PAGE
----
“No pain, no gain.”
Your coach or trainer probably told you that years ago. Now, you’re mulling how to improve EBITDA performance. You’ll have to go to the “EBITDA gym,” so to speak, and slim down. But you’re worried you’ll cut too deep and jeopardize growth.
The truth is, this process doesn’t have to hurt. You can make EBITDA gains without the revenue pain. You just need to equip yourself to make good decisions. We’ll help you get started.
You can make EBITDA gains without the revenue pain.
Focus on These 4 Questions:
You’ll need to tap into every major function, and dysfunction, in your organization.
1) Underperforming EBITDA: What Are the Most Likely Culprits?
- Product. What is your product management strategy and process? How are you ensuring your product investment aligns with corporate strategy? The market? Customer needs?
- Marketing. You need to understand what each dollar of your marketing budget is generating. Use a Marketing Spend Assessment tool to quickly compare spend with results.
- Culture. Have you created a “country club” corporate culture? (Are you paying assistants, chiefs of staff, and retention bonuses to solve problems?)
- Sales. If commissions have grown faster than sales revenue, you need to understand why.
- Span of control. Maybe you have an 8:1 ratio of sales reps to managers. Or a 6:1 ratio of sales managers to VPs. If so, you’re right on target. If your ratios are lower, you’re management heavy.
- Not leveraging channel sales. If you’re doing everything direct, you’re not leveraging your inside sales model. And that’s costing you.
2) In Deciding Where to Cut, How Can We Minimize the Impact?
Determine where your growth acceleration levers are. How does your R&D spend compare to your competitors’? Are you spending more (i.e., aligned with) where market growth is occurring? You should invest in high-growth markets and divest in legacy/maintenance markets.
Baseline and compare market growth.
Then assess your revenue growth strategy. The market is growing at 6%, and you have to grow by 9%. That means you have to perform 50% better. Your investments in sales and marketing, and/or product innovation, are essential.
Zero in on underperforming salespeople.
These are reps who’ve been with you at least two Q’s. For whatever reason, they’re not performing at their full run rate. This group also includes veterans (2+ years) who keep missing quota. Are you hearing “He’s a good guy” or “She’s a good girl”? Don’t let that sway you.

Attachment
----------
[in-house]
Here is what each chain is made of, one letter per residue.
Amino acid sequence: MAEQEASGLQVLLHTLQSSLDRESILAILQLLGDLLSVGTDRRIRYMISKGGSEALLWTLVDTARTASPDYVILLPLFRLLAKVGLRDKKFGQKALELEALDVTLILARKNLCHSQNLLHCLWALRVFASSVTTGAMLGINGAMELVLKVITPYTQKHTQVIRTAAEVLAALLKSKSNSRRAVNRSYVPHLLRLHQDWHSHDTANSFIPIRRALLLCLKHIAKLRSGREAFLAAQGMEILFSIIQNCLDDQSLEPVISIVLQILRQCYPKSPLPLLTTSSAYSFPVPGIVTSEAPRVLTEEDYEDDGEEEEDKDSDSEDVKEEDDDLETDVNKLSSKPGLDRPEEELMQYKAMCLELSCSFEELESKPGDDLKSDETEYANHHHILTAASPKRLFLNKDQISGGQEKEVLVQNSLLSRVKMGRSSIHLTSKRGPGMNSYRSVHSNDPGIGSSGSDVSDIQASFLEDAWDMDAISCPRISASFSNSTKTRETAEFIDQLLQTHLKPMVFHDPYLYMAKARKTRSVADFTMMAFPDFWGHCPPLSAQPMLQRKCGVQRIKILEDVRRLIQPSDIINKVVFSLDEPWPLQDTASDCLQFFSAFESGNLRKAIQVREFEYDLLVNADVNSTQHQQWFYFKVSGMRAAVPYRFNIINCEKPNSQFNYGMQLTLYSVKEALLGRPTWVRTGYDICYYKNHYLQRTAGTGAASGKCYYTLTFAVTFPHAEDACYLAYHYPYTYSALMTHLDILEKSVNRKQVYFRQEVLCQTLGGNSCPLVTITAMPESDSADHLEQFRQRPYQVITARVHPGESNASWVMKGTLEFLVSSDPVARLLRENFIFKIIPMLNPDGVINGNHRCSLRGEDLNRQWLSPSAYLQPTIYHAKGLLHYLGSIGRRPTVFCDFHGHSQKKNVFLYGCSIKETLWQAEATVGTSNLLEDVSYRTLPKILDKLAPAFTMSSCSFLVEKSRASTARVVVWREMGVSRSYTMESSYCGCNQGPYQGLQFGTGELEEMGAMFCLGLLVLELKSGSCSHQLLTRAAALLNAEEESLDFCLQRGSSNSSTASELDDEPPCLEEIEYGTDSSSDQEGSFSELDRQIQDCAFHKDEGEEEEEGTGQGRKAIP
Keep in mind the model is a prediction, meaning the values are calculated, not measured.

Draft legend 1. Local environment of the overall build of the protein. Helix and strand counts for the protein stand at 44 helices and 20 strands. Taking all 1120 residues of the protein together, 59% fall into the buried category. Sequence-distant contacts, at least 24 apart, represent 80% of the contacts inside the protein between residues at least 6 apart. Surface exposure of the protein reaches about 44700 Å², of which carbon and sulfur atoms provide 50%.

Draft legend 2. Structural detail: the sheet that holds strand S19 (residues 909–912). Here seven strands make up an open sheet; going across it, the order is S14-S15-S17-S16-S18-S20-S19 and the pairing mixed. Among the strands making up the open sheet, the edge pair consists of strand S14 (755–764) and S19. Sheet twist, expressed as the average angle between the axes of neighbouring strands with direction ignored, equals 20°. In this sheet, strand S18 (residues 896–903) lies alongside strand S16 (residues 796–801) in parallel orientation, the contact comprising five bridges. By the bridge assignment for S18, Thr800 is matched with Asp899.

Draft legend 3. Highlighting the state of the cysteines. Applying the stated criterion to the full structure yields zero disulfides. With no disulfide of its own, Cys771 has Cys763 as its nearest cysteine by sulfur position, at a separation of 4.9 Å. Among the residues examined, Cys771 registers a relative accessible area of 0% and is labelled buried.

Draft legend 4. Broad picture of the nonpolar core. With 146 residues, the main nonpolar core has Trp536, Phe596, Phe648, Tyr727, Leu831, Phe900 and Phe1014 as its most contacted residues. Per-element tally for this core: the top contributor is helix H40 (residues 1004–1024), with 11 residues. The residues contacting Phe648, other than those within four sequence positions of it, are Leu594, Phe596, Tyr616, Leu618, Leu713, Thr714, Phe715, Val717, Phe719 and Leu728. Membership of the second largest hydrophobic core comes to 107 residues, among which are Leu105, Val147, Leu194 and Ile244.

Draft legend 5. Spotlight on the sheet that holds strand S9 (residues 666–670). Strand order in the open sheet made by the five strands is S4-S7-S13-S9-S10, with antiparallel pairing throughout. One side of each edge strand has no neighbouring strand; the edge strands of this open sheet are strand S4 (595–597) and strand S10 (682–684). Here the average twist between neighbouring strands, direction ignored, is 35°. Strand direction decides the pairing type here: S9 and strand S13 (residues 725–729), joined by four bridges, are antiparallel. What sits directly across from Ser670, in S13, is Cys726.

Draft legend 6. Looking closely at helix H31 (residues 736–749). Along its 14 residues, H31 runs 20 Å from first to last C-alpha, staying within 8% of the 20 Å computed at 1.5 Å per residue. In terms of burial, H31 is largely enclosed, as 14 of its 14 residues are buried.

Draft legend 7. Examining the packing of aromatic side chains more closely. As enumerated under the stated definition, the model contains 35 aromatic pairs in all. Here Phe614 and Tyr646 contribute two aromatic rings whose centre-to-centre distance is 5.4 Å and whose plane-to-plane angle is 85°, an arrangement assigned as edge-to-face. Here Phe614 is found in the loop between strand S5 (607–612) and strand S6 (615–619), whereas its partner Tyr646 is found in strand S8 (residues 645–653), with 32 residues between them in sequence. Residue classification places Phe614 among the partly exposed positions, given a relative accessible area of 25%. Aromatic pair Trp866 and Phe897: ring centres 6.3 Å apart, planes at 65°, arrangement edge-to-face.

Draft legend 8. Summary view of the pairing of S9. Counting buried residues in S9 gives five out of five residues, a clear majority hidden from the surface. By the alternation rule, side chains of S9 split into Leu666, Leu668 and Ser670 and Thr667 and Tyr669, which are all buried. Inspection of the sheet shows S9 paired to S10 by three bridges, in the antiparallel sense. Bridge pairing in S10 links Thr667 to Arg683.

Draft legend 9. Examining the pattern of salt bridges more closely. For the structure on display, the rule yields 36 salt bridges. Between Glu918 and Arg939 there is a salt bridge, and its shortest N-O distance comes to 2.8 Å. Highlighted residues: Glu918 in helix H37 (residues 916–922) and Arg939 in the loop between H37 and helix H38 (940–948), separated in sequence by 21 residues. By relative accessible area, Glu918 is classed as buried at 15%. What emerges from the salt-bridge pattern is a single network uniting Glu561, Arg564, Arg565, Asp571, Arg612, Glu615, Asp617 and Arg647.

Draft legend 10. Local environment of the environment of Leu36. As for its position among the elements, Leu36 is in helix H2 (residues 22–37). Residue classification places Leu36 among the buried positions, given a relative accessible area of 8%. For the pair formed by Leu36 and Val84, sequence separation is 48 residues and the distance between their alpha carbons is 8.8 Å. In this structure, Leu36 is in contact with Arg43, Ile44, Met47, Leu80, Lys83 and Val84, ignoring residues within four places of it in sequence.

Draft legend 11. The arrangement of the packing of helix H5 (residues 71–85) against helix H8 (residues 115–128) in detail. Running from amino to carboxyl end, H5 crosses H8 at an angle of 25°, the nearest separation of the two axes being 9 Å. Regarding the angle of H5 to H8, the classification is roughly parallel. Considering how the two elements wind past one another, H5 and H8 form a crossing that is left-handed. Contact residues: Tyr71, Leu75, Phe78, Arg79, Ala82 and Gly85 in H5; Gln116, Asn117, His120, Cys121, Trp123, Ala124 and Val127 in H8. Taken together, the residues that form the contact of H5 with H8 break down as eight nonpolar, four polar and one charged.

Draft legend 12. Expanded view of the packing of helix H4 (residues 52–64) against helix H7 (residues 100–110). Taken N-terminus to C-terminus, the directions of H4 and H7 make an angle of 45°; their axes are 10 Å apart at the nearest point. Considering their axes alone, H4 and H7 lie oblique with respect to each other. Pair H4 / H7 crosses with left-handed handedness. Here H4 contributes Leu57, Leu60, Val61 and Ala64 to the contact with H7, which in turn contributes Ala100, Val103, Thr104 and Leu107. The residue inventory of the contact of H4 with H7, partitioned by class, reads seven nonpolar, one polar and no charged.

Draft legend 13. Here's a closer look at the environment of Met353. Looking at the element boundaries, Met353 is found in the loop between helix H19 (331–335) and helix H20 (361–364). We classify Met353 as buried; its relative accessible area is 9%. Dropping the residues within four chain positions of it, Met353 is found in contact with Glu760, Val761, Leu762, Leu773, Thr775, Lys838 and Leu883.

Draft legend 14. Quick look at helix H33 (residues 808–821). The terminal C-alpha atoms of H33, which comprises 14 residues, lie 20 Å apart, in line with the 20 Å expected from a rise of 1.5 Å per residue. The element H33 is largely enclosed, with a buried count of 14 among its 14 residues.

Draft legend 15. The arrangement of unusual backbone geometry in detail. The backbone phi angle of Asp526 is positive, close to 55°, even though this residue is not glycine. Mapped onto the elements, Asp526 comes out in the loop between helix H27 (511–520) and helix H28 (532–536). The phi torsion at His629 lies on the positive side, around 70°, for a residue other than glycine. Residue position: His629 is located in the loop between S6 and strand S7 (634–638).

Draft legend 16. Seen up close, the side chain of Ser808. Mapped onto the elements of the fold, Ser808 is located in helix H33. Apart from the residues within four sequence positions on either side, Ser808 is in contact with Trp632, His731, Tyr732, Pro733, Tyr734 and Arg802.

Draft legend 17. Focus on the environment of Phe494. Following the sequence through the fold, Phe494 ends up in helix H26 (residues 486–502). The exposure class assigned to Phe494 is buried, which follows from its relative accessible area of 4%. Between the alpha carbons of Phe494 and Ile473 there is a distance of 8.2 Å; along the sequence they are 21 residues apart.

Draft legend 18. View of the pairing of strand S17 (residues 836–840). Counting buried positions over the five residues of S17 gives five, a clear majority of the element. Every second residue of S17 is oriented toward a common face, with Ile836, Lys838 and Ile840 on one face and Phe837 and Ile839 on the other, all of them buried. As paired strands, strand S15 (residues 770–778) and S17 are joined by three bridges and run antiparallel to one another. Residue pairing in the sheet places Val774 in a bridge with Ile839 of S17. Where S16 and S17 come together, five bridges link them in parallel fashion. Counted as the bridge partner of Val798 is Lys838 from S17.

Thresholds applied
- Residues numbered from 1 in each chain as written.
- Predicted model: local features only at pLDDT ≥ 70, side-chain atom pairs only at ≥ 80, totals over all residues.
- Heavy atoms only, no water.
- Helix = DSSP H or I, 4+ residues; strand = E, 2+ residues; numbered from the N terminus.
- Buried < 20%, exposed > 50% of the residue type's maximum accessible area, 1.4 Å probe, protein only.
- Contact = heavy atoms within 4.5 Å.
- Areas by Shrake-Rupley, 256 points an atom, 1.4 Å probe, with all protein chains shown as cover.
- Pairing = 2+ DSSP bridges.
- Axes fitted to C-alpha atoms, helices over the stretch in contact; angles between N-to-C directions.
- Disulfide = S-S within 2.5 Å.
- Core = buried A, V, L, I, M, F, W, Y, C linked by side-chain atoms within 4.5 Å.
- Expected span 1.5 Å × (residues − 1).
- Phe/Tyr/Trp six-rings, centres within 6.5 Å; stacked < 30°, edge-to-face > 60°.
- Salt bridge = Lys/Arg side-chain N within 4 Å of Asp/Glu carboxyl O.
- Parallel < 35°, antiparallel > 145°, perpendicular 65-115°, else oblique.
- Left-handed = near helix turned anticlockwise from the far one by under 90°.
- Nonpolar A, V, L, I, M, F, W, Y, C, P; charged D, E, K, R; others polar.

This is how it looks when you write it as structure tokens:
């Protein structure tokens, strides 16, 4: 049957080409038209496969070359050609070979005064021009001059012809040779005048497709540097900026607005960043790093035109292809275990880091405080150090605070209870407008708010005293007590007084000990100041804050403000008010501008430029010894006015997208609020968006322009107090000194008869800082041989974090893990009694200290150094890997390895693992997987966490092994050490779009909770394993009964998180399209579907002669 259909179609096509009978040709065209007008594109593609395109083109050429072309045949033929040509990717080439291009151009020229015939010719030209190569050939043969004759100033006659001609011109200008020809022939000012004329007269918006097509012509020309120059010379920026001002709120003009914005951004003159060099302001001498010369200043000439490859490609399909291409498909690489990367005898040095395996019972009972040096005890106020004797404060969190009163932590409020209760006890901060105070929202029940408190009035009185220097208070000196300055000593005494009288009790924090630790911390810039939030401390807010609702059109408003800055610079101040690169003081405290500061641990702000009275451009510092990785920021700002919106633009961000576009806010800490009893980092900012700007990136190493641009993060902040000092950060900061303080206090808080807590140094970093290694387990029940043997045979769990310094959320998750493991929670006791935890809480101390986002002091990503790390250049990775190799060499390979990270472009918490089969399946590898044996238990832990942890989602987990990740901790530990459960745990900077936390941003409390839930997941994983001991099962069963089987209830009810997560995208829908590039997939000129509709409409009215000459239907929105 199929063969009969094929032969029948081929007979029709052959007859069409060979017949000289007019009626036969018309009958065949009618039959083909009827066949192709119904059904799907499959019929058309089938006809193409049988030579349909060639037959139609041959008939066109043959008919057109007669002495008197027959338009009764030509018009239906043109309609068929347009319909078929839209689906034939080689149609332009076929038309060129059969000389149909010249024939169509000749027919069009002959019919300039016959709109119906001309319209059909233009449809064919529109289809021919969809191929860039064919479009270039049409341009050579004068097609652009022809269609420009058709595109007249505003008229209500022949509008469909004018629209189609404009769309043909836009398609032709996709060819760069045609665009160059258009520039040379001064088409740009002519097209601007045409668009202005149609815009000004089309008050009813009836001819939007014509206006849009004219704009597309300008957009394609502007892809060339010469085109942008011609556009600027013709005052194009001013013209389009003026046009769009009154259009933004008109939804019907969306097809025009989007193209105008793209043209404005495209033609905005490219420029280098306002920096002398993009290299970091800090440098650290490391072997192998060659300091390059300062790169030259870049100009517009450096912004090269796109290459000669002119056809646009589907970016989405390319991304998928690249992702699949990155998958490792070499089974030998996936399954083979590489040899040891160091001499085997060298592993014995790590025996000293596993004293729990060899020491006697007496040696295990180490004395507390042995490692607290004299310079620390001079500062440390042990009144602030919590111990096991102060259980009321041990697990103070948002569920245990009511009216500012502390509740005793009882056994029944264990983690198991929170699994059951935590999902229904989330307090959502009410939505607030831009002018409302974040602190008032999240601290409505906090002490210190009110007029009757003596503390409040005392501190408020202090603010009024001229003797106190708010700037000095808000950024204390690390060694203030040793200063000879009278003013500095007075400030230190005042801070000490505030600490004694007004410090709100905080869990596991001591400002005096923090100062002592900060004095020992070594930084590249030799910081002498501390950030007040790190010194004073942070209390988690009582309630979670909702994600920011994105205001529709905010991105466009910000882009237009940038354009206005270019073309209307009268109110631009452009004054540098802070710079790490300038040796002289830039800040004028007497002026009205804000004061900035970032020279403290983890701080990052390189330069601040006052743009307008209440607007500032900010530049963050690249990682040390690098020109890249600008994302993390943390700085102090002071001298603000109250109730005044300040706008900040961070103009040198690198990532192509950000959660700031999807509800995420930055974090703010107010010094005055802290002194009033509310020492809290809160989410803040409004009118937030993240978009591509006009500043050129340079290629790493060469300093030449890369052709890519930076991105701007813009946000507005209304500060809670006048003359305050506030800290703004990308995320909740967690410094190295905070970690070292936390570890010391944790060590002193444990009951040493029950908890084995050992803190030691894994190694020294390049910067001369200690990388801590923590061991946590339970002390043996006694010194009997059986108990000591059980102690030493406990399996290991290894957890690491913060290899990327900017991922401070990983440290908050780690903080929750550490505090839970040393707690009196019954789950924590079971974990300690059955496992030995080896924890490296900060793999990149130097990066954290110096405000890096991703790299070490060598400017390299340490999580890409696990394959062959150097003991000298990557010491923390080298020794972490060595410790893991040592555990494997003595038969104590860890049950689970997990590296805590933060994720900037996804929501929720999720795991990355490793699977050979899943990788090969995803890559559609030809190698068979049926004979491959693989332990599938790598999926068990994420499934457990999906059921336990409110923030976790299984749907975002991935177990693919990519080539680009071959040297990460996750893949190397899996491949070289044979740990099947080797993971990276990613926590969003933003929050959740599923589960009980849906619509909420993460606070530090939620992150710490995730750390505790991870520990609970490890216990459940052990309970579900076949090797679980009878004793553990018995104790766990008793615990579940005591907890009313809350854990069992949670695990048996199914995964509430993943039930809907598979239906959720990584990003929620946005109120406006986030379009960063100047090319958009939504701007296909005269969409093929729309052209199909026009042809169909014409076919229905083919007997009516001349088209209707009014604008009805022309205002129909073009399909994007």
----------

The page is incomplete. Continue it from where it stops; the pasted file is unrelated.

Safeguard your best customers and employees.
Stack rank your customers. Identify your best, by way of Customer Lifetime Value (CLTV) and spend potential. Identify your A-Players. Make sure your actions don’t impact any of them.
3) What Actions Can We Take on the Revenue Side?
This process is about achieving balance. Inputs are as important as cuts. What are your revenue levers?
- Maximize existing accounts. Relative to customers’ potential spend, how much revenue have you captured? Has your team penetrated all buying centers inside your existing accounts?
- Find new channel partners. Can the channel introduce you to more opportunities?
- Reverse bad calls. Reps do well, get promoted to management, and prove a bad fit. It happens frequently. Time to put these people back in a territory and let them sell.
4) What Does the Team Need to Do?
CFO, Heads of sales, marketing, product, HR. All these leaders need to bring their “A Game” to this process. Here’s what you should ask of them.
- Think like owners, not employees. Don’t let emotions rule. Stay objective.
- Stick to the facts. Data is truth serum. Ask each leader to bring 2-3 assumptions about EBITDA improvements he or she can make. These should include both cuts and revenue. Assumptions should be founded on, and backed by, hard data.
- Rise to the task. Give each leader a target in their function. Challenge them to find a way to meet it.
You began this process with a high sales cost. You knew you had to act, but you dreaded the outcome. Now you have the tools, direction, and mindset you need to tackle EBITDA with confidence.